The only solution is to build low-cost monitoring sites with an enough density to return data in a timely manner. With the help of low energy consumption technology, monitoring sensors that need battery changes only once every six months can be embedded along the river, which will cut maintenance costs.
For application scenarios such as automated driving and industrial automation, a highly reliable 5G network is a necessity. Generally, latency of 140 milliseconds doesn’t impede human-to-human communication. However, such latency is unacceptable for such scenarios as automated driving and industrial automation.
To meet the demands of those scenarios, the 5G network must offer ultra-low latency. Technologies such as edge computing are predicted to be applied in the 5G network, enabling it to achieve latency lower than one millisecond. The ultra-low latency of 5G will definitely boost the development of self-driving cars and the Internet of Cars.
In 2017, China’s first low-altitude digital aviation innovation base was unveiled in Shanghai. The base is equipped with both 4G and 5G networks and aims to explore the possibility of building an “air corridor” through low-altitude aviation tests. Thanks to broader bandwidth, higher speed and ultra-low latency of 5G, drones can achieve more accurate control and immediate communication.
Another key area for low latency application is industrial control. A running numerically controlled machine tool must stop immediately when it receives a stop command. If not, it cannot produce high-precision components. With the help of low latency technology, the machine tool will be able to respond as soon as relevant commands are sent to ensure the precision of the components it produces.
Internet of Everything
The basic mode of mobile communications is cellular communications. Currently, each base station can only connect 400 to 500 cell phones simultaneously. The International Telecommunication Union (ITU) expects the 5G network to support a million connected terminals per square kilometer. Ericsson forecasted that by 2020 there will be 50 billion connected devices around the world. It is estimated that China alone will have 10 billion connected mobile terminals by 2025.Such predictions are based on two reasons: First, in the 5G era, each person or family will have several terminals. A variety of intelligent devices will emerge and become interconnected via the 5G network to form a real intelligent IoT. In the future, the mobile internet will be ubiquitous.
Statistics show that by 2018 the number of connected mobile terminals had reached 1.5 billion in China, of which the majority were cell phones. In the 5G era, the majority of connected terminals will be various articles for daily use such as glasses, stationery, briefcases, waist belts and shoes. Almost all home appliances such as intelligent door locks, air purifiers, humidifiers, air conditioners, refrigerators and washing machines will be connected to the mobile internet and share data with each other.
Second, some previously unconnected devices such as automobiles, manhole covers, street lights and dustbins will be connected to the internet and work in a smarter way. 5G will enable those devices to become intelligent. Moreover, many new intelligent products will emerge to make life more convenient.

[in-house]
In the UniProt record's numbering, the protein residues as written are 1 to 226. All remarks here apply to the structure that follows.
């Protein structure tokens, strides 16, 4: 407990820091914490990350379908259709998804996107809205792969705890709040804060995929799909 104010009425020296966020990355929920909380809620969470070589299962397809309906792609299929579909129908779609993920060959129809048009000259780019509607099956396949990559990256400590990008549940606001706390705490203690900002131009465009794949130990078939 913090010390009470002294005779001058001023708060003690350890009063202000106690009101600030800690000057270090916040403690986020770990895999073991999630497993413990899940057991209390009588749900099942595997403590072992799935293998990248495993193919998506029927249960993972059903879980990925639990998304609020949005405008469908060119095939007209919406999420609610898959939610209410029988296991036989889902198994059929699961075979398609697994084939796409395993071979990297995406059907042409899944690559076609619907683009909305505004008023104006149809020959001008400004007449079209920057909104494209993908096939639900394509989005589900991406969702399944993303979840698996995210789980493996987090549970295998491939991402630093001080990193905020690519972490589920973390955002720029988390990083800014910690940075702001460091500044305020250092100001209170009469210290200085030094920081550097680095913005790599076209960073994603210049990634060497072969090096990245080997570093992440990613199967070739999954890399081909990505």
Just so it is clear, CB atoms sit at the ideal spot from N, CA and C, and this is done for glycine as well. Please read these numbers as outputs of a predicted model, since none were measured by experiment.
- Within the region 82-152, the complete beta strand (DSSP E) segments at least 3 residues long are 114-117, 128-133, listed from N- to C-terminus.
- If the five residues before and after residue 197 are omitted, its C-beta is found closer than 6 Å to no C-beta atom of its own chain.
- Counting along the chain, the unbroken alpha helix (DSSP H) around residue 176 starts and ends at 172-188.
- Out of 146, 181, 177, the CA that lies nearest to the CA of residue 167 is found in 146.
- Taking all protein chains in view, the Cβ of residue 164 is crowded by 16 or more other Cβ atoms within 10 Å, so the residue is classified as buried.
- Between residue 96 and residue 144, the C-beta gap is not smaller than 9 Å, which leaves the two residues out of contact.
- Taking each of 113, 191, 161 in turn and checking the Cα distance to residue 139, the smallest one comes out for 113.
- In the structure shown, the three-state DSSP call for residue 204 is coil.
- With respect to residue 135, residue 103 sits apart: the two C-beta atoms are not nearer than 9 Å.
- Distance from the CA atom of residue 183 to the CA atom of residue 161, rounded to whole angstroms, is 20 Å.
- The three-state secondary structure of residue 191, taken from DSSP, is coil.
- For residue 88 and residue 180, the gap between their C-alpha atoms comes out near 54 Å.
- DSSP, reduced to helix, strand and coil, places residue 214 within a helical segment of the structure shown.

For instance, smart indoor environment devices will be able to monitor air quality at homes, and control air purifiers, air conditioners and heaters according to monitoring results. In the future, perhaps all devices including wearable widgets will be able to connect to the mobile network, forming a powerful database and achieving the seamless integration of virtuality and reality. This will usher people’s lives into a new intelligent era.
The Internet of Everything will also create massive market opportunities. With the expansion of the 5G network, the number of connected devices will increase to hundreds of million to more than 10 billion. As data collecting terminals, those devices will greatly enhance the mobile network’s service capacity, based on which cloud platforms and artificial intelligence will see further development.
Reshaping the Cyberspace Safety System
The traditional internet focuses on issues such as data transmission speeds and unimpeded communications, with “freedom, openness and sharing” as its core values. The 5G-based intelligent internet will have more diverse functions and focus on building a new social and living system. For this reason, its core values are identified as “safety, order, efficiency and convenience.”Safety is the paramount requirement of the intelligent internet. In the 5G era, human society will face grave threats if the cyberspace safety system isn’t reshaped. If automated driving is easily hacked, self-driving cars could be hijacked as depicted in some sci-fi movies. Similarly, users’ personal information and safety will be exposed if intelligent health systems and smart home systems are hacked. Imagine the world such connectivity but without proper safeguards.
The 5G network must solve safety problems from the bottom up. From the very beginning, the 5G network should introduce a solid safety mechanism and data encryption. The network shouldn’t be totally open, and specialized safety mechanisms should be established for some specific services.
With the arrival of the 5G era, the traditional internet protocol suite–TCP/IP–will face challenges. The traditional internet features a weak safety mechanism with data largely transmitted without encryption. This situation cannot continue in the era of the intelligent internet. With large-scale deployment of 5G, more safety problems will emerge. All countries in the world should work together to form a new cooperation mechanism to cooperatively organize a new cyberspace safety system.
Source: China-India Dialogure, China Pictorial
The author is a renowned observer of China’s telecommunications industry, a mobile internet theorist, director-general of Zhongguancun Information Consumption Promotion Alliance, and a guest professor at Century College, Beijing University of Posts and Telecommunications. This article was excerpted from the book with permission.https://item.jd.com/12519209.html